Audio News for September 21, 2012
Published on September 21, 2012
Universal’s Donation to Library of Congress, cont. – We reported earlier on the donation of a huge library of recordings from Universal Music to the Library of Congress. Here’s more: Universal wanted to unload it because they had been paying for storage of this material for half a century in a facility in Pennsylvania, and it hadn’t been touched since first issued. The majority of the donations are negative metal masters, about 200,000, with ridges instead of grooves, requiring a special needle to play. There are also close to 10,000 reels of tape and maybe 15,000 lacquer discs, which were used in the studios before the adoption of open reel tape. The metal masters for pressings were created from these lacquers. 90% of it is not commercially viable. In fact, the Library did a study that revealed only 14% of the music recorded between the beginning of recorded sound and 1960 is commercially available to the general public today. Universal retains the copyright to the recordings and will get digital copies from the preservation department at the Library of Congress. The Library has collaborated with Sony-BMG to offer The National Jukebox. Check out its many free historical recordings here. Most of these recordings have been off the sonic landscape of America for a long time.
Controversies on Appropriate Compensation for Copyright Infringement – Joel Tenenbaum, who was accused of downloading and sharing 31 MP3 files, was fined $675,000 in 2007. The case has been thru various courts, some ruling it was excessive and others upholding the fine. Actually, it is considered at the low end of the range for willful infringement of the Copyright Act. But U.S. copyright claims tend to be astronomical. In Sweden, for example, infringers are fined the equivalent of about $7 a track. Tenenbaum is continuing to appeal.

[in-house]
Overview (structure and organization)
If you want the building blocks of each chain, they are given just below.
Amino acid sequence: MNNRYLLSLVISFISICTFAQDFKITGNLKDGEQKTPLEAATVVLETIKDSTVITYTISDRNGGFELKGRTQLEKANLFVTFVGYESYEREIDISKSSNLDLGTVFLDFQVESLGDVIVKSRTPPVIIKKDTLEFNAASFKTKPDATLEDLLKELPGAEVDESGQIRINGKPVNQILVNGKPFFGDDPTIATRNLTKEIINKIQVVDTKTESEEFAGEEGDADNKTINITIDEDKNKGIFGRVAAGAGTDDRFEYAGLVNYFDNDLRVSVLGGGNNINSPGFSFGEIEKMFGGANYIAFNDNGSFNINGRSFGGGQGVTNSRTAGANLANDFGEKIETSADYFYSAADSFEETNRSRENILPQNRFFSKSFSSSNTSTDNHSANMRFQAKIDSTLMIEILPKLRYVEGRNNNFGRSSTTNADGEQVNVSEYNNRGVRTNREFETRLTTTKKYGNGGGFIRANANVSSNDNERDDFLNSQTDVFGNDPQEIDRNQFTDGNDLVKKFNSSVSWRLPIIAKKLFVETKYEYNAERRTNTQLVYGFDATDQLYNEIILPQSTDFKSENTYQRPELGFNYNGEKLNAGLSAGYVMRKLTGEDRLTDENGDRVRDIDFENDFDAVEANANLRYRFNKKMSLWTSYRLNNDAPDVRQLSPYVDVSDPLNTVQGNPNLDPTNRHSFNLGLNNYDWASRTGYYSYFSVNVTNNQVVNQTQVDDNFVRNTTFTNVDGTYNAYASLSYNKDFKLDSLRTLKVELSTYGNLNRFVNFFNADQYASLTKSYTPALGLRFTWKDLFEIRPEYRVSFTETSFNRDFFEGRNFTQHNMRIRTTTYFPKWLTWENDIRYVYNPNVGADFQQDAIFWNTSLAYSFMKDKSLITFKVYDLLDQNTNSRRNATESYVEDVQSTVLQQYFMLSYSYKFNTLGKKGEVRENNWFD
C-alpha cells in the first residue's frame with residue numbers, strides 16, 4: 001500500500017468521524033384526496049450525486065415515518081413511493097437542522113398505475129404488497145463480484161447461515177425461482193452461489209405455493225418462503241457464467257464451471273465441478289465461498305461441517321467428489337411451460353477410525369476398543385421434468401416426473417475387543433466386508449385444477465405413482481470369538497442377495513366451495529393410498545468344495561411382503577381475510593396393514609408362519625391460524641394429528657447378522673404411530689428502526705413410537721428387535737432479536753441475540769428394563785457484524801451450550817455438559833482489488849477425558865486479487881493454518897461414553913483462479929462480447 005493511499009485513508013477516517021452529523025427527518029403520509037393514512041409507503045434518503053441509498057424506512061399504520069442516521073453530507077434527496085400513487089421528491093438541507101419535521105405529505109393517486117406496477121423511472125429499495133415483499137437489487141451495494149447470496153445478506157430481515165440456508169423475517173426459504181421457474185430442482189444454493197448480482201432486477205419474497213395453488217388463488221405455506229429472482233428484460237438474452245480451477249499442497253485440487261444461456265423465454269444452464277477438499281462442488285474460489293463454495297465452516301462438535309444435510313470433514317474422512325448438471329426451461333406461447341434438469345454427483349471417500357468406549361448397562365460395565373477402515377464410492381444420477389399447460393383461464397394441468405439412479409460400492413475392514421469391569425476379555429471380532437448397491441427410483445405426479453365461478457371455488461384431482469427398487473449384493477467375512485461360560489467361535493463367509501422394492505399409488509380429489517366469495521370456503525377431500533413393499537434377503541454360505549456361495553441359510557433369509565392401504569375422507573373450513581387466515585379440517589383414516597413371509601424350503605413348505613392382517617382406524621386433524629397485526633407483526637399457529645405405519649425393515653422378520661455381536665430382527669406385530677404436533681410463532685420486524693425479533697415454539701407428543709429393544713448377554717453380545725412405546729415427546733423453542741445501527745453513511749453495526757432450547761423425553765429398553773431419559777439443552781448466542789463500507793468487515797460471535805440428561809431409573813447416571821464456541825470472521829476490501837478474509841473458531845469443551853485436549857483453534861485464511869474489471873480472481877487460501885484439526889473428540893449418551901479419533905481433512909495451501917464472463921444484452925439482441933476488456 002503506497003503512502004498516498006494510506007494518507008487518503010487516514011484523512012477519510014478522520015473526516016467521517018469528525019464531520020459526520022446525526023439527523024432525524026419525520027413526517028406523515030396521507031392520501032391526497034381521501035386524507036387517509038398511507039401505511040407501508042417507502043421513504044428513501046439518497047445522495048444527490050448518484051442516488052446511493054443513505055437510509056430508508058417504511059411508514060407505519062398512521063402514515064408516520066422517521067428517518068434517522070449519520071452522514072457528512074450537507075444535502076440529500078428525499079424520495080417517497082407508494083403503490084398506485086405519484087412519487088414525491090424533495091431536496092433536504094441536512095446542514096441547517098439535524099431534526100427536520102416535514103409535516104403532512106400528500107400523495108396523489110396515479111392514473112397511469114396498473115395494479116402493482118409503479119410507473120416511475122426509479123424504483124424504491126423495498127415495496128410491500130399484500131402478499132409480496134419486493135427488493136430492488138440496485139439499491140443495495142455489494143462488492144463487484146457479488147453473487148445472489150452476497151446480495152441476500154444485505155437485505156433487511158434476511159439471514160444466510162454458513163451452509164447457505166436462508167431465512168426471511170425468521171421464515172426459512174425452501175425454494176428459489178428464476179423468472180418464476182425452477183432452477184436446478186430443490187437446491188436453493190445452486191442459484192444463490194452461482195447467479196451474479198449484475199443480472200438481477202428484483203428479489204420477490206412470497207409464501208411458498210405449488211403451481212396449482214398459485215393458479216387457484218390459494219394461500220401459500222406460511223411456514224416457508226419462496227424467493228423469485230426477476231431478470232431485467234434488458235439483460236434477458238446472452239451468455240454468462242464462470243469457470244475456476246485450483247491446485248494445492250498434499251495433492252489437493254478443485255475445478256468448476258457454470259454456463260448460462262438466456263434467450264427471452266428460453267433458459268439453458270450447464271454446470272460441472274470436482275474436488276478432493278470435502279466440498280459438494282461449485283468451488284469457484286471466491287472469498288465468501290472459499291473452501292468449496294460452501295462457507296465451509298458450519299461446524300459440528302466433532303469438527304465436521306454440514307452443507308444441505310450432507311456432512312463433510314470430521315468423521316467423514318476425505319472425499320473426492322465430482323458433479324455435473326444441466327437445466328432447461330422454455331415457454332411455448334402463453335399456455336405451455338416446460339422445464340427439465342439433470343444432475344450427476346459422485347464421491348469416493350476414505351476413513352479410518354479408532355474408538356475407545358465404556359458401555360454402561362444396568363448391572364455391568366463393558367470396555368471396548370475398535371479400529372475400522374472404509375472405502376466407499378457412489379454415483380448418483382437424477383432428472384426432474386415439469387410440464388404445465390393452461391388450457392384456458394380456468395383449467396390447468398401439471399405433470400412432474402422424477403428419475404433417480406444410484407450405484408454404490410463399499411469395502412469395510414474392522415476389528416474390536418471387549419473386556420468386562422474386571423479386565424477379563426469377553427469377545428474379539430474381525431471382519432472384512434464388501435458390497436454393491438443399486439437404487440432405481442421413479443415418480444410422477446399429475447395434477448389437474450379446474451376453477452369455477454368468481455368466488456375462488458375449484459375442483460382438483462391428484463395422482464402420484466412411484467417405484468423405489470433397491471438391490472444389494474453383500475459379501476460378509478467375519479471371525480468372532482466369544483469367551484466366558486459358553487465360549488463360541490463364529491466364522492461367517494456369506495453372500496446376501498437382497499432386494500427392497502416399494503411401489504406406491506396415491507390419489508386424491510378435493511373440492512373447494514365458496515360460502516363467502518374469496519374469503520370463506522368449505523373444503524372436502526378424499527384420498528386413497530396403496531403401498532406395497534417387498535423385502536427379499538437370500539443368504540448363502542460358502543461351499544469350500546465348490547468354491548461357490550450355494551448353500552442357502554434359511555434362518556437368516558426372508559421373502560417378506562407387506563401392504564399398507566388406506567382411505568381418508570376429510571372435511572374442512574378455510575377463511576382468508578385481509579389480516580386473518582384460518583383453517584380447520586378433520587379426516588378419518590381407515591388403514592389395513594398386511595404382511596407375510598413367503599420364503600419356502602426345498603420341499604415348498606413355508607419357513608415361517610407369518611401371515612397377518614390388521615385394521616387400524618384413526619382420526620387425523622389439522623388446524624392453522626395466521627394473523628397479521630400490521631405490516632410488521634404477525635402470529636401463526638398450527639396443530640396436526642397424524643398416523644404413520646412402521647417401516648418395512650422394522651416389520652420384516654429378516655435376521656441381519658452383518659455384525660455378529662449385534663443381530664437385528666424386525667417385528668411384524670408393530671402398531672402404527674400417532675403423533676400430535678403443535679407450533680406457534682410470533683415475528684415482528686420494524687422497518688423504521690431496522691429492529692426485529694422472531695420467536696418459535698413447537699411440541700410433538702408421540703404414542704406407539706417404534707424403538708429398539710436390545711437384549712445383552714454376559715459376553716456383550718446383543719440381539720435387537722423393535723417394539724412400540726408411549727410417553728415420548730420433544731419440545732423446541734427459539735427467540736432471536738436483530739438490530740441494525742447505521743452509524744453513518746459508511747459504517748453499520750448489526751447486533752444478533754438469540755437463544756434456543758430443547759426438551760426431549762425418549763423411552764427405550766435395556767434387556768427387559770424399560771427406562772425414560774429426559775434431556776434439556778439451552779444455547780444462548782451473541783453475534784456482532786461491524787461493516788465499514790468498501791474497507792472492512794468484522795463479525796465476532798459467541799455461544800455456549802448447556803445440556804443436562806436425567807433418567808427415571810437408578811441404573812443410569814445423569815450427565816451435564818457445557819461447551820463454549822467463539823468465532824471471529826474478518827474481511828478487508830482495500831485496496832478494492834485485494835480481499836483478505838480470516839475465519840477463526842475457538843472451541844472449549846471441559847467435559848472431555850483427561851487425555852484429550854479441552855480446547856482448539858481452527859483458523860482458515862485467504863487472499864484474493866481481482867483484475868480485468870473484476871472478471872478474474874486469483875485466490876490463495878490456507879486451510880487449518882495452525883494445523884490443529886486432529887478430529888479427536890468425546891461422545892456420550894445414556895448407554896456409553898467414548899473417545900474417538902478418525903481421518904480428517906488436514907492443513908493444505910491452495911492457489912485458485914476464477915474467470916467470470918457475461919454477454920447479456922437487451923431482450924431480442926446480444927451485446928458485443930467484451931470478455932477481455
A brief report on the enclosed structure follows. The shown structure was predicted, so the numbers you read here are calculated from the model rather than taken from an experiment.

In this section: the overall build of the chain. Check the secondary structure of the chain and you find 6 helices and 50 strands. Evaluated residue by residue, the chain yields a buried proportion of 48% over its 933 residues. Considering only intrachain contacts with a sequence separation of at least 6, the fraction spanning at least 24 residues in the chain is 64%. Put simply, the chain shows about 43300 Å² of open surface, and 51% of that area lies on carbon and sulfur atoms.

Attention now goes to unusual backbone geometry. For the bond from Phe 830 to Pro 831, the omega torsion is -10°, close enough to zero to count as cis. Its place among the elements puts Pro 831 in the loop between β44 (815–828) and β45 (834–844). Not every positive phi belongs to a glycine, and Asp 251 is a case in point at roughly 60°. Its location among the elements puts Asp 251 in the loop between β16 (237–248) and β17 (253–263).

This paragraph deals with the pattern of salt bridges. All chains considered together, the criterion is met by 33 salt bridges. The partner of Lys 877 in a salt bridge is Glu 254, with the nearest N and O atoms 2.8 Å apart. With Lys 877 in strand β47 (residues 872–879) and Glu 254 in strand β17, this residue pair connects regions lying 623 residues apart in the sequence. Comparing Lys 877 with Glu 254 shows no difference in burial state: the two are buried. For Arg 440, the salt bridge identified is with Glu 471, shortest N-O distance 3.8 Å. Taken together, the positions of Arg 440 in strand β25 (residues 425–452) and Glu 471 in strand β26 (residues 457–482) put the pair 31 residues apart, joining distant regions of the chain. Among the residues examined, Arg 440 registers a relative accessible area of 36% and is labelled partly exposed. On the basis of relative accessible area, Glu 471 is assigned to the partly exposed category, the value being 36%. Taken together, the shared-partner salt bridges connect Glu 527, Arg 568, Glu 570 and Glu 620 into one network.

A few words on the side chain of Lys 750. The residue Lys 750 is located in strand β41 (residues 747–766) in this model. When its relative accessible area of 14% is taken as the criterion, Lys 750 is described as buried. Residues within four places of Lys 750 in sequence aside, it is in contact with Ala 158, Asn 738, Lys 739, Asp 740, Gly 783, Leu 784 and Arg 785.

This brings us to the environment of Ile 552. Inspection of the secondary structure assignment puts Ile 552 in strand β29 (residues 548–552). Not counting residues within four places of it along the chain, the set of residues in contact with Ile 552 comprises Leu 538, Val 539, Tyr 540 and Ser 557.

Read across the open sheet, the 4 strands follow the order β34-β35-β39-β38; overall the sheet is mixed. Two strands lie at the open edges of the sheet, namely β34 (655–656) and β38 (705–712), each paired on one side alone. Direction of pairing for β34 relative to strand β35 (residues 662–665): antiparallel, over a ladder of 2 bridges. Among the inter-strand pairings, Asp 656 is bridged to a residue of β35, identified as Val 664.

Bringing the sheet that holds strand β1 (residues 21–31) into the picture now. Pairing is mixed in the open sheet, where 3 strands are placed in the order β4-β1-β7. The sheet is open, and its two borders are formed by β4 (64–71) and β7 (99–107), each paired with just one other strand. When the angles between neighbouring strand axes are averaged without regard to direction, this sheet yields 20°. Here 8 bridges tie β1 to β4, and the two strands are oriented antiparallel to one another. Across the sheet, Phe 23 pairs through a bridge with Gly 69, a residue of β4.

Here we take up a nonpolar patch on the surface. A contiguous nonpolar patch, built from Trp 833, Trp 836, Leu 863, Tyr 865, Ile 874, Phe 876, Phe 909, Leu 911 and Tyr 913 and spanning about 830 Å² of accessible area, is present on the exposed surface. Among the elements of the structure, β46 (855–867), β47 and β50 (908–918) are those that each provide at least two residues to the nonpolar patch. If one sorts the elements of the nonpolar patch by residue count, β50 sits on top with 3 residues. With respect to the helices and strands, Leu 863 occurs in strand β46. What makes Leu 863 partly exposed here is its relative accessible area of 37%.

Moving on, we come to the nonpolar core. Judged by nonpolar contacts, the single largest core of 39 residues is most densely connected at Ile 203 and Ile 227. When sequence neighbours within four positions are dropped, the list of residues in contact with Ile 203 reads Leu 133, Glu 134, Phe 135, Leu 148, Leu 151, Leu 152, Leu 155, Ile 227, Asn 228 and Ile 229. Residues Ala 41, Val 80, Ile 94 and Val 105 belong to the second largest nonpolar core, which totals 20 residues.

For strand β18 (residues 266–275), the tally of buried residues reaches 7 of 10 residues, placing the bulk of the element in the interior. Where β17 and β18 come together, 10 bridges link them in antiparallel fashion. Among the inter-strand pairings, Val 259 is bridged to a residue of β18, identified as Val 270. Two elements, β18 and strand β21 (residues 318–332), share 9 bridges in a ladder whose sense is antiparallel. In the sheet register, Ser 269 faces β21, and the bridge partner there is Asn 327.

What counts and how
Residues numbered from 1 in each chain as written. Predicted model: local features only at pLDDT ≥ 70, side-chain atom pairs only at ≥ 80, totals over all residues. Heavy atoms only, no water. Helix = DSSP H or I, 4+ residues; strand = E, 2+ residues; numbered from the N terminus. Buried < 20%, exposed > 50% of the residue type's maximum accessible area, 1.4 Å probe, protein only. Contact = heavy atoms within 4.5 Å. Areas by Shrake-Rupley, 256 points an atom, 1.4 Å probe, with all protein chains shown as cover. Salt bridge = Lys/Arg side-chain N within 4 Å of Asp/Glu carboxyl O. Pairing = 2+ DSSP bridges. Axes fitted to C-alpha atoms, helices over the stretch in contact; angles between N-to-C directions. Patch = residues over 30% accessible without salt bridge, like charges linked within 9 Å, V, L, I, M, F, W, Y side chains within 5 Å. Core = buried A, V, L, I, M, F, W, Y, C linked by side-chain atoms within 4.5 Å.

Chinese Mobile Market – This isn’t really audio, but interesting facts: China’s mobile market is 917 million subscribers! All the mobile companies are state owned, and they have high levels of quality and service. Users tend to turn in their phones for the latest technology every 18-20 months, which means an opportunity for Apple’s new iPhone 5. Apple already has 39% of the China market and hopes to get a lot more.
Increase in Home Recording Studios – About 5000 businesses identify themselves as audio production studios, but it is difficult to know what portion are home studios because much of the business is done in private. The “democratization” of the industry has come about because of advances in the technology, including computer software, which have made it much less expensive and easier to record music of high quality. Also, as labels have slashed budgets demand has grown for cheaper recording options.